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    Heidi R. Lewis

    Honoring and Learning from Kitchen Table Conversations

    Professor Heidi R. Lewis believes that things of great value happen around the kitchen table.

    Lewis is director and associate professor of feminist and gender studies at Colorado College. Her work amplifies voices of people who have been marginalized and oppressed.

    “I’m always thinking about what’s happening systematically and systemically to people who are oppressed along the lines of race, class, gender, sexuality, and other social, cultural, political markers, and that shows up in my teaching, because a lot of my content in my courses is focused on that.”

    Professor Heidi R. Lewis

    Professor Heidi R. Lewis

    “One of the things that we talk about in Black feminist theory is the significance of the kitchen table,” she says. “The kitchen table is a place where a lot of people, but especially Black people, especially Black women, do a lot of theorizing, thinking about the world, trying to explain the world, trying to understand the world. And so a lot of the writing that comes out of Black feminist theory was written with that in mind.”

    Lewis teaches Introduction to Feminist & Gender Studies, Feminist Theory, Black Feminist Theory, and  Hidden Spaces, Hidden Narratives: Intersectionality Studies in Berlin, among other courses.

    “One way that I would describe my pedagogy is that it is committed to a Black feminist way of knowing and teaching. And what that means for me, in part, is that the work that I do is concerned with oppressed people,” Lewis says. “I try to offer students the opportunity to read scholars, to read artists, to read activists, that they might not ever have the chance to read if they hadn’t taken my courses. People who don’t necessarily have bachelor’s degrees, let alone Ph.D.s, people who are out in the streets, working on behalf of single mothers, working on behalf of drug addicts, sex workers, and trying to help people to understand their situations, and to fight the oppression that has caused a lot of their situations.

    The Fem Geniuses

    Several years ago, Lewis launched the “Fem Geniuses” website in order to showcase her students’ work.

    “They started doing all these collaborative, creative assignments in my courses, and I wanted to show those to people and I needed a space to do it,” she says. “So I made a website. Now, you can see assignments that my students do in my intro class, my study abroad course in Berlin, my critical media studies course, and also, we showcase our monthly newsletter called the Monthly Rag, that students have been publishing since 2002. For the past few years, we’ve uploaded editions of the newsletter there, and we hope to be doing multimedia content with that in the next few years. It’s a place that I wanted to create virtually to showcase my students’ work, to share it with people who don’t have access to higher education who are interested in the work that we’re doing.”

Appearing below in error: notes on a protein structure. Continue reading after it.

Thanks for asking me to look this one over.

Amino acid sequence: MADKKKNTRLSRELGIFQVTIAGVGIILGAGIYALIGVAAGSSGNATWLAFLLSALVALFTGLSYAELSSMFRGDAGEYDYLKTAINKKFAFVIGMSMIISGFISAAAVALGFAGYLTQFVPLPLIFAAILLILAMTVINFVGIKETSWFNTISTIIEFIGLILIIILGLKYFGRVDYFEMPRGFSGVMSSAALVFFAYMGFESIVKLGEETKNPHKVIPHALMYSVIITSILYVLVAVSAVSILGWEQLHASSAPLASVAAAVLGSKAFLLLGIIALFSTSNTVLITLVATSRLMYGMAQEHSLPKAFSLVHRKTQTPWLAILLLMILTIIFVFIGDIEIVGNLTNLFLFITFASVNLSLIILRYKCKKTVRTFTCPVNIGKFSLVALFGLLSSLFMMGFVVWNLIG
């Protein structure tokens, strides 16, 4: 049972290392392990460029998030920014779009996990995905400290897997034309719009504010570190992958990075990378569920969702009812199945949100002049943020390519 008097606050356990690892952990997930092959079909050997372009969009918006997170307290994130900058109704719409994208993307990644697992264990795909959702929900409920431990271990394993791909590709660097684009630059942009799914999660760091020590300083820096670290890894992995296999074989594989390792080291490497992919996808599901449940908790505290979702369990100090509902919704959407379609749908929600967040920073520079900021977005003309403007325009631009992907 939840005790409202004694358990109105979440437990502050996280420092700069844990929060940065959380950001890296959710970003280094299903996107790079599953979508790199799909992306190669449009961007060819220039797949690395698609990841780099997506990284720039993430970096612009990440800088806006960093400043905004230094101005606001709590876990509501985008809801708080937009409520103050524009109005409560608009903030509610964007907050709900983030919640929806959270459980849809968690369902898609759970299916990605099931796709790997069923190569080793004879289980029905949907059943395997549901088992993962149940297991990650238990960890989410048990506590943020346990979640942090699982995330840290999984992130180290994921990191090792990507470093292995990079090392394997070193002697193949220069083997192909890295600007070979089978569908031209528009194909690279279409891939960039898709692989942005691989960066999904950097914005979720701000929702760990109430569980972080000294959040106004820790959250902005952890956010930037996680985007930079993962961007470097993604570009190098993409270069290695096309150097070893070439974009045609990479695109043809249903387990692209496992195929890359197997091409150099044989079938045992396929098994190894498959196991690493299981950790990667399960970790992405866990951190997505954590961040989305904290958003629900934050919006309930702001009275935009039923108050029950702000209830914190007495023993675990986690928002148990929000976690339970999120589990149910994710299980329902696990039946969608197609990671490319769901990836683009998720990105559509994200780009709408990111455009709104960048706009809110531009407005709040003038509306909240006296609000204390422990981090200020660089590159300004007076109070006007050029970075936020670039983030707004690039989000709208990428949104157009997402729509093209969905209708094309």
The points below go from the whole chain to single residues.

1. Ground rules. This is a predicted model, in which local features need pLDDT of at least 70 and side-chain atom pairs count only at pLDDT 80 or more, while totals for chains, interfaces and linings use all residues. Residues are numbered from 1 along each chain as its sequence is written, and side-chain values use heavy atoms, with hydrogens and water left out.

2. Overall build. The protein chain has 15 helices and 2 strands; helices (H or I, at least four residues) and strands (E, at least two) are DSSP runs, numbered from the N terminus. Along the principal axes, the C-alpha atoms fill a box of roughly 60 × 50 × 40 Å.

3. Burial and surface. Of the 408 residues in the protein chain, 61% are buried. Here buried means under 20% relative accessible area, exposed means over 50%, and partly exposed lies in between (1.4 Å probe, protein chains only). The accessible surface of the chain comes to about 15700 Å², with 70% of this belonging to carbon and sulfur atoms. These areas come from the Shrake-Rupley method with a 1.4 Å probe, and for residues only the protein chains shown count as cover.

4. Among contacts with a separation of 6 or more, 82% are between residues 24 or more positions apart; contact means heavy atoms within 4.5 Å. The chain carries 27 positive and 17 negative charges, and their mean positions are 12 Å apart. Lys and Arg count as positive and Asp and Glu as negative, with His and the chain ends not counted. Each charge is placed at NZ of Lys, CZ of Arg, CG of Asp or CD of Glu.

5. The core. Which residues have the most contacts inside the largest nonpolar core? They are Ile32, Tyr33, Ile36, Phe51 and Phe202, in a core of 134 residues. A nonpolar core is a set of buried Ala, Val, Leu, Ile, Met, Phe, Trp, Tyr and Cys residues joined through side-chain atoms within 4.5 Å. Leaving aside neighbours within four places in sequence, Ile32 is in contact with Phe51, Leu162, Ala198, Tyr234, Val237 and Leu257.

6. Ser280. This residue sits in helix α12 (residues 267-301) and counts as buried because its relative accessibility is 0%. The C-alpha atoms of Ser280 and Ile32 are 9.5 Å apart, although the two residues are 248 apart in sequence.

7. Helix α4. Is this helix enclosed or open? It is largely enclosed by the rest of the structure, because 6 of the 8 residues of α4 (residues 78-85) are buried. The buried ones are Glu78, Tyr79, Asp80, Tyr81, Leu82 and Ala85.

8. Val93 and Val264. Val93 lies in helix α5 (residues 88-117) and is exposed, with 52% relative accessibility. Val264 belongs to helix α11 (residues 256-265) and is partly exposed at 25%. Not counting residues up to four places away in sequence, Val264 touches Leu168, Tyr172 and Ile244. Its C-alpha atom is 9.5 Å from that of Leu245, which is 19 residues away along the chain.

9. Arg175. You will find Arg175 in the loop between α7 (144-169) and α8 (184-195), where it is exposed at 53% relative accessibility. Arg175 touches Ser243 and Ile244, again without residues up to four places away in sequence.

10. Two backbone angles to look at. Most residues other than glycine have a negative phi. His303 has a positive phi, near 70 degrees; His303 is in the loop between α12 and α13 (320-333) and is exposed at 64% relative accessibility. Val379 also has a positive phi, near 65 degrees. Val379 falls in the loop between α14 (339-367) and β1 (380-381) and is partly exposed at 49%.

“A lot of the people that I teach — like Toni Cade Bambara, like Frances Beal — a lot of them are not taught anywhere else. And so what my Black feminist pedagogy allows me to do is to amplify the voices of people who’ve been marginalized in the academy and to help my students understand why those voices are just as important when we’re thinking about matters such as power, dominance, and oppression.”

    Lewis’s style of teaching and the way she engages her students is unique.

    “I get so excited when I’m in the classroom. It’s hard to know how it happens or why it happens. I just feel really strongly about the work that I do, and I get really excited about it. I’m always sweating in the classroom, moving around a lot, my hair is always a mess at the end of the day. It’s because I still feel electric when I teach the people that I do. They’ve been so fundamental to my own intellectual growth that every time I come to work, I’m reminded that there are a certain group of people who made that possible. And I’m able to teach those people to young people who may have never had that opportunity to read them before. And I’m very casual in my classroom,” she says. “At the same time, I’m very strict, and I’m very particular about certain things. I’m very strict about the honor code statement being on every assignment that students do. But I speak to my students the same way I speak to my mom, who’s not degreed, the same way I speak to my husband, who’s not degreed.”

    “It’s really important to me as a Black feminist educator to model for my students that who I am in my personal space is just as valuable as who I am in my professional space. That’s where the kitchen table shows up in my classroom. I speak the same way to my students as I do at my kitchen table.